Many Young Men Putting Health at Risk to Bulk Up

*The following is excerpted from an online article posted on HealthDay.

Image is everything for most teens and young adults, and 22% of young men and 5% of young women turn to potentially dangerous methods to “bulk up,” a new study says.

These unhealthy methods — dubbed “disordered eating behaviors” — include eating to gain weight and using supplements or anabolic steroids to increase muscle or body size.

“Parents and teens should be aware that disordered eating behaviors are a common phenomenon, especially in young men,” said study lead author Dr. Jason Nagata. He practices in the division of Adolescent and Young Adult Medicine at the University of California, San Francisco.

“The eating disorder field has been focused on females and thinness. But over a fifth of young adult men are working toward a more muscular, more idealized body image,” Nagata said.

And, he said, it’s not surprising, given the look of modern Hollywood celebrities. “There’s ‘The Rock’ [Johnson] and Marvel superheroes, and these are the types of people that teens are looking up to and idealizing,” Nagata said.

Social media also plays a role, he added. “Young men are posting muscular pictures on Instagram and other social media sites that portray them in an idealized way. That can lead to misperceptions,” Nagata explained.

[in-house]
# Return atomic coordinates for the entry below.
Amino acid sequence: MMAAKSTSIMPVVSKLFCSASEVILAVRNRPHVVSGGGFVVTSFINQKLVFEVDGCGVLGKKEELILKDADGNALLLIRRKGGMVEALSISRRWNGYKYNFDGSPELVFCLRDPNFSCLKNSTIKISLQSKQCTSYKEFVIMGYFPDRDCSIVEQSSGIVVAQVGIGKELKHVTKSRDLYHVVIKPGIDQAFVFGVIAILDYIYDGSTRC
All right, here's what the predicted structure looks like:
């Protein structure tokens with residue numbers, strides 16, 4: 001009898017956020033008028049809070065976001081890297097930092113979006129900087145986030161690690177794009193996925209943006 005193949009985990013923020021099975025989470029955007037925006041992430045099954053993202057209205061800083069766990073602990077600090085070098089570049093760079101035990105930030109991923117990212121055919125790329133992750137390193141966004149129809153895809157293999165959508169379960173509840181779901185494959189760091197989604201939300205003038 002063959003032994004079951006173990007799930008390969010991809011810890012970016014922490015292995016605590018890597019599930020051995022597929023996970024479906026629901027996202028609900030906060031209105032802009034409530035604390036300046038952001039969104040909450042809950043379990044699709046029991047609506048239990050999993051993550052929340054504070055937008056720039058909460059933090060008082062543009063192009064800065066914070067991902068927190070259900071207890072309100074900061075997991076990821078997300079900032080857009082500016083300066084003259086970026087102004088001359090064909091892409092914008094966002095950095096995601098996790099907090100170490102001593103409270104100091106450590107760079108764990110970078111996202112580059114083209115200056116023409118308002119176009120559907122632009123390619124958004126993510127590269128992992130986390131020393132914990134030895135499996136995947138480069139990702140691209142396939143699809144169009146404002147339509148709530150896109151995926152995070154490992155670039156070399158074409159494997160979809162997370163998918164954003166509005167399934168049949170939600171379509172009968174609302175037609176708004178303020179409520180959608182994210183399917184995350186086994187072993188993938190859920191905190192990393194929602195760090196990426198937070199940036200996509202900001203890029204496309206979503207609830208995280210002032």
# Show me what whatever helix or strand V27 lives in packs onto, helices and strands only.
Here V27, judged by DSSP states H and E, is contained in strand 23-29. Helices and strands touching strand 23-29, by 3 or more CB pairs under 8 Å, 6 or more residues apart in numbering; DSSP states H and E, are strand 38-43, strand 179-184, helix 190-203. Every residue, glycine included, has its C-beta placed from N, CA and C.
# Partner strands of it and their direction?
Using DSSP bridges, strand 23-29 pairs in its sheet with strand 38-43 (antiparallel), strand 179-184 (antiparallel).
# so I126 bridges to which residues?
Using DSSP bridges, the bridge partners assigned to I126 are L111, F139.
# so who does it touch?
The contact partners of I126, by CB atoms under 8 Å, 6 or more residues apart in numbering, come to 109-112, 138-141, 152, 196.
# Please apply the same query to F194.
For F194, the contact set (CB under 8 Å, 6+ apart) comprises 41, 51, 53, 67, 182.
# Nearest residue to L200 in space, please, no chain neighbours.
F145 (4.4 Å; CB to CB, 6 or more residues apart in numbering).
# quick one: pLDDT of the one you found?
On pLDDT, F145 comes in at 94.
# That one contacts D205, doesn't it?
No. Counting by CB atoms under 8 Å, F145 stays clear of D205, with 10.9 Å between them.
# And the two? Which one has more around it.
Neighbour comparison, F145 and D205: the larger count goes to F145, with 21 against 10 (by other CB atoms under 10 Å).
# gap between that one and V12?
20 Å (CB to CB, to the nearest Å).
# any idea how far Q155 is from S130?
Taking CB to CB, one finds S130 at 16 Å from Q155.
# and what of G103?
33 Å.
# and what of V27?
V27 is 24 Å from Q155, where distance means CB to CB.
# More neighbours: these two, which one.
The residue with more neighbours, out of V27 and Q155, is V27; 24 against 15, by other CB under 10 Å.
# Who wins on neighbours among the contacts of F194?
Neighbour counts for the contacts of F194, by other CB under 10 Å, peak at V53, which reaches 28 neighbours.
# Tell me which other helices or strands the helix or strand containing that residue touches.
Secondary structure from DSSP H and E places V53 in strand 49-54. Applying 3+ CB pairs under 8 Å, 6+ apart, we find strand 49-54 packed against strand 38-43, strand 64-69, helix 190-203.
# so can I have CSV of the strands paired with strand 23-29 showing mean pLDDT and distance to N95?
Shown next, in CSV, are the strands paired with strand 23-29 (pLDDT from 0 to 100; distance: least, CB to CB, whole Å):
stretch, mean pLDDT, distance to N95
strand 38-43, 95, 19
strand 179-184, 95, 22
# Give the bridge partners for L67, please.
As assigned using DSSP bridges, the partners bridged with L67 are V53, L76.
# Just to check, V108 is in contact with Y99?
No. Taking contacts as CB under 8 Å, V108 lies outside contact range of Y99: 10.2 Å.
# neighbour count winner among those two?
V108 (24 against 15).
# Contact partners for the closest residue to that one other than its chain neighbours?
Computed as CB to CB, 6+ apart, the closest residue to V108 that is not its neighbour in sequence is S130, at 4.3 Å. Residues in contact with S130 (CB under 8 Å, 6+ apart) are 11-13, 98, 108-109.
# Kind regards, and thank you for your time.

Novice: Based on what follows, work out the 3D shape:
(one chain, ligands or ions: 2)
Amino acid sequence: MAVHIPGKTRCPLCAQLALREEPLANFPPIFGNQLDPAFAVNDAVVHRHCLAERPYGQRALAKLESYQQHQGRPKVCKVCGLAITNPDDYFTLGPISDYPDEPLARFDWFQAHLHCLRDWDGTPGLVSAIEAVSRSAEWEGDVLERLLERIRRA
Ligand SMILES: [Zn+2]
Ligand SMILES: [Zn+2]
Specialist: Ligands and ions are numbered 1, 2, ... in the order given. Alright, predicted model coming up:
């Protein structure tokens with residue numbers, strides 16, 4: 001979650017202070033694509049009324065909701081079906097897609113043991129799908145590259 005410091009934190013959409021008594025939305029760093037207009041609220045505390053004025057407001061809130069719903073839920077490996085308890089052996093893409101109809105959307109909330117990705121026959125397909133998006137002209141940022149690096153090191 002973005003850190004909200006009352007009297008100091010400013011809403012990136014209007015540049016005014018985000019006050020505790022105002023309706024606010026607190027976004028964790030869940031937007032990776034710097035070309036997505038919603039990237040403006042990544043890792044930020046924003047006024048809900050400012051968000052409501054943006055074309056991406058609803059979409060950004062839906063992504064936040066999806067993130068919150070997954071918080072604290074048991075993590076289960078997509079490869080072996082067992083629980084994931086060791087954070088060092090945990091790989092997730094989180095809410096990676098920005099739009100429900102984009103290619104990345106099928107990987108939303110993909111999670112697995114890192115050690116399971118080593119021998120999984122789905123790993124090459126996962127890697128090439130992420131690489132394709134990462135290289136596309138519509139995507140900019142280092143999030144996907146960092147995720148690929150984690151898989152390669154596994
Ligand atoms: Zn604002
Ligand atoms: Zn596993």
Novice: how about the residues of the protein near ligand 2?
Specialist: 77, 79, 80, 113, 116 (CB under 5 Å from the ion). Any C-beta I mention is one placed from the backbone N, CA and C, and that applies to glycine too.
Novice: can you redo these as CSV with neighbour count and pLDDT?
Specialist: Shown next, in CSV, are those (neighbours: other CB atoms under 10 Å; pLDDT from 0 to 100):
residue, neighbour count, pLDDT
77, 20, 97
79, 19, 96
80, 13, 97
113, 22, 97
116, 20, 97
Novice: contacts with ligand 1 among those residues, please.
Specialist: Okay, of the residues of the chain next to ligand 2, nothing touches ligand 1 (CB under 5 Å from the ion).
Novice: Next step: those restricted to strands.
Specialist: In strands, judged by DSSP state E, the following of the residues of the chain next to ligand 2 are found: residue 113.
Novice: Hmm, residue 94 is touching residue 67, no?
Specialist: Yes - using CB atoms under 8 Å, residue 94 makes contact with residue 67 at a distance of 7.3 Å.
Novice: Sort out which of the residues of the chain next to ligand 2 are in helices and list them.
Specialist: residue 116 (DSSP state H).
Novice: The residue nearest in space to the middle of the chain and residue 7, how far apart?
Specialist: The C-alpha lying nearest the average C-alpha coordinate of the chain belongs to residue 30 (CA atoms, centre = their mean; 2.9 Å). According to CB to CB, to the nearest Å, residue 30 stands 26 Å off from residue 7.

The study included nearly 15,000 young people across the United States. They were first interviewed when they were 11 to 18 years old, and again when they were between 18 and 24.

Nearly 7% of young men told researchers they had used a supplement to gain weight or build muscle, and 3% had used steroids to build mass. Fewer than 1% of young women said they had done either.

“Steroids have significant long-term and short-term side effects,” Nagata warned. “Long term, steroids are linked to heart disease, kidney damage and liver damage. In the short term, they can cause irritability and aggressive behavior. And, when taken in teens, can cause delayed growth or stunting of growth.”

While supplements are easy to get, Nagata noted they’re not regulated by the U.S. Food and Drug Administration. “You can be ordering one thing online and there’s no guarantee that’s what you’re getting because there’s no regulation,” he said.

The researchers saw several factors that increased the risk for eating issues. Boys who exercised specifically to gain weight in their teens had 142% higher odds of disordered eating. If girls exercised to bulk up in their teens, their odds of disordered eating were 248% higher, the study found.

So, what should parents be watching for?

“Everything in moderation. A kid who’s putting whey protein on foods and getting a 30- to 60-minute workout a day is probably fine, but there would be more concern if a kid is going to the gym four to five hours a day, and it seems like that’s all they do,” Nagata said.

The study was published June 20 in the International Journal of Eating Disorders.

Source: HealthDay

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[reposted by] Jim Liebelt

Jim is Senior Writer, Editor and Researcher for HomeWord. Jim has 40 years of experience as a youth and family ministry specialist, having served over the years as a pastor, author, consultant, mentor, trainer, college instructor, and speaker. Jim’s HomeWord culture blog also appears on and Jim and his wife Jenny live in Quincy, MA.

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